The Houthi escalation follows President Joe Biden’s announcement last month that he would be ending support for the coalition’s offensive operations in Yemen and halting relevant arms sales. Biden also revoked the Donald Trump administration’s terrorist designation of the Houthi rebels, citing concerns the blacklisting could interfere with the delivery of critical humanitarian aid.
But following a spate of Houthi cross-border attacks, the US Treasury on Tuesday announced new sanctions on two Houthi military leaders, Mansur al-Saadi, the head of the Houthis’ naval forces, and Ahmad Ali Ahsan al-Hamzi, head of the rebels’ air force.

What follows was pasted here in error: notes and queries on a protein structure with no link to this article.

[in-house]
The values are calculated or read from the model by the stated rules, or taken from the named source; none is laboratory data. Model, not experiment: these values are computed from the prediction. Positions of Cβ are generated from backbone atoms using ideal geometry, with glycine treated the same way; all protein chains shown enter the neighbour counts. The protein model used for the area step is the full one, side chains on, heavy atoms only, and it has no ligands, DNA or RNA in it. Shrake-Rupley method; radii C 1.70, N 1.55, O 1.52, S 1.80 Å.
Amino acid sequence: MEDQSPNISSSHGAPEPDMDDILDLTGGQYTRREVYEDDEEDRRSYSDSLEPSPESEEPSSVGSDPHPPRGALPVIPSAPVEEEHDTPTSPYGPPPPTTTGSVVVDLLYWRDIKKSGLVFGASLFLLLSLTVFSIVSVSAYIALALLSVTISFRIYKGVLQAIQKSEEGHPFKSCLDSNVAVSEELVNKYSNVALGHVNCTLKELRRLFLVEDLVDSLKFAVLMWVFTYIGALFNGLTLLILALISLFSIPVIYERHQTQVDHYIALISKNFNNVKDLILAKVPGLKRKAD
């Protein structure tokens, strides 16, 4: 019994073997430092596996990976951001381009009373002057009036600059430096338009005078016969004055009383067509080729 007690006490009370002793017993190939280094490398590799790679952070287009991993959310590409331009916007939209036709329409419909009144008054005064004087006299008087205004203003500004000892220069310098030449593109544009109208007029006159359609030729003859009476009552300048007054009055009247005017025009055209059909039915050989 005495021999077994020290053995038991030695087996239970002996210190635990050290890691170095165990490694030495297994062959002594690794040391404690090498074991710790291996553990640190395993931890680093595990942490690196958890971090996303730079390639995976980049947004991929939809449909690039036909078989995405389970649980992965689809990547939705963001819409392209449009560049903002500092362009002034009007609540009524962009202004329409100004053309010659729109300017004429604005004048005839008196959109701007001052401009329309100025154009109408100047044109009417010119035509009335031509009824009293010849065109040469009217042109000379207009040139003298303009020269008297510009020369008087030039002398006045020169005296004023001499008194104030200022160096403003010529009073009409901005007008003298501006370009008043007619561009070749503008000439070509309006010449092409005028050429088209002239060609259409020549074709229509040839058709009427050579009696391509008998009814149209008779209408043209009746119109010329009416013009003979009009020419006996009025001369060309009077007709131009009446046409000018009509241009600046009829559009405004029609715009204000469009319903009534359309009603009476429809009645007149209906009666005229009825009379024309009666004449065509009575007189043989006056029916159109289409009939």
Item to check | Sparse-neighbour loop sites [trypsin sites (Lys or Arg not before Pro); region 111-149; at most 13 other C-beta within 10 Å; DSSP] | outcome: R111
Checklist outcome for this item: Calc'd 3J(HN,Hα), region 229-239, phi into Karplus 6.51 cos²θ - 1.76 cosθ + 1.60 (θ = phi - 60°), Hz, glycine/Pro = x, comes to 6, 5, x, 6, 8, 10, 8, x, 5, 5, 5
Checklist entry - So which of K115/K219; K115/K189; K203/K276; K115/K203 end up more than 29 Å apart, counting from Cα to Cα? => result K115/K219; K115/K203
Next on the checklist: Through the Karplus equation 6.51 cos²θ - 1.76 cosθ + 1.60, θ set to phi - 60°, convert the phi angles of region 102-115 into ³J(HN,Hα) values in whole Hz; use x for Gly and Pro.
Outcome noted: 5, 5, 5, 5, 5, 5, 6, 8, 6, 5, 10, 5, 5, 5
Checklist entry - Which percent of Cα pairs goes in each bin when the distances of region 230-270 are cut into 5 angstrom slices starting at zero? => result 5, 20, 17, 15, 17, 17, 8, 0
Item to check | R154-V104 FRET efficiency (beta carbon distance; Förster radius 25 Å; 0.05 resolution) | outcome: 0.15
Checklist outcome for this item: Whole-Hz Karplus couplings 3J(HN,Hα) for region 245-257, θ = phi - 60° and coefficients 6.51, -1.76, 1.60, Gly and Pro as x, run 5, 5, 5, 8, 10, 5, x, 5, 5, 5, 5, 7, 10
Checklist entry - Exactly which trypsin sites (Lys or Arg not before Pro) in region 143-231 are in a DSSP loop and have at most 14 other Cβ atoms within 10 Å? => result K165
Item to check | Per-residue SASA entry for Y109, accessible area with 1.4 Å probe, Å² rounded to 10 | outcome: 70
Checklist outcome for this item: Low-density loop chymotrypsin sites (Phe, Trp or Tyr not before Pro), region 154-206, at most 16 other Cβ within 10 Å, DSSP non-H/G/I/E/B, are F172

Reuters reported that Biden’s special envoy for Yemen, Timothy Lenderking, met with Houthi chief negotiator Mohammed Abdul-Salam in Oman’s capital, Muscat, on Feb. 26. State Department spokesperson Ned Price declined to confirm the reports.
The rebels are meanwhile pressing ahead with an offensive on the gas-rich Yemeni province of Marib, which until now was mostly spared from the grueling conflict. The United Nations has warned of a looming humanitarian crisis if the Houthi offensive on Marib, the last major stronghold of the Saudi-backed government, is successful. Some 2 million internally displaced people live in the region and they will have nowhere safe to flee, aid groups warn.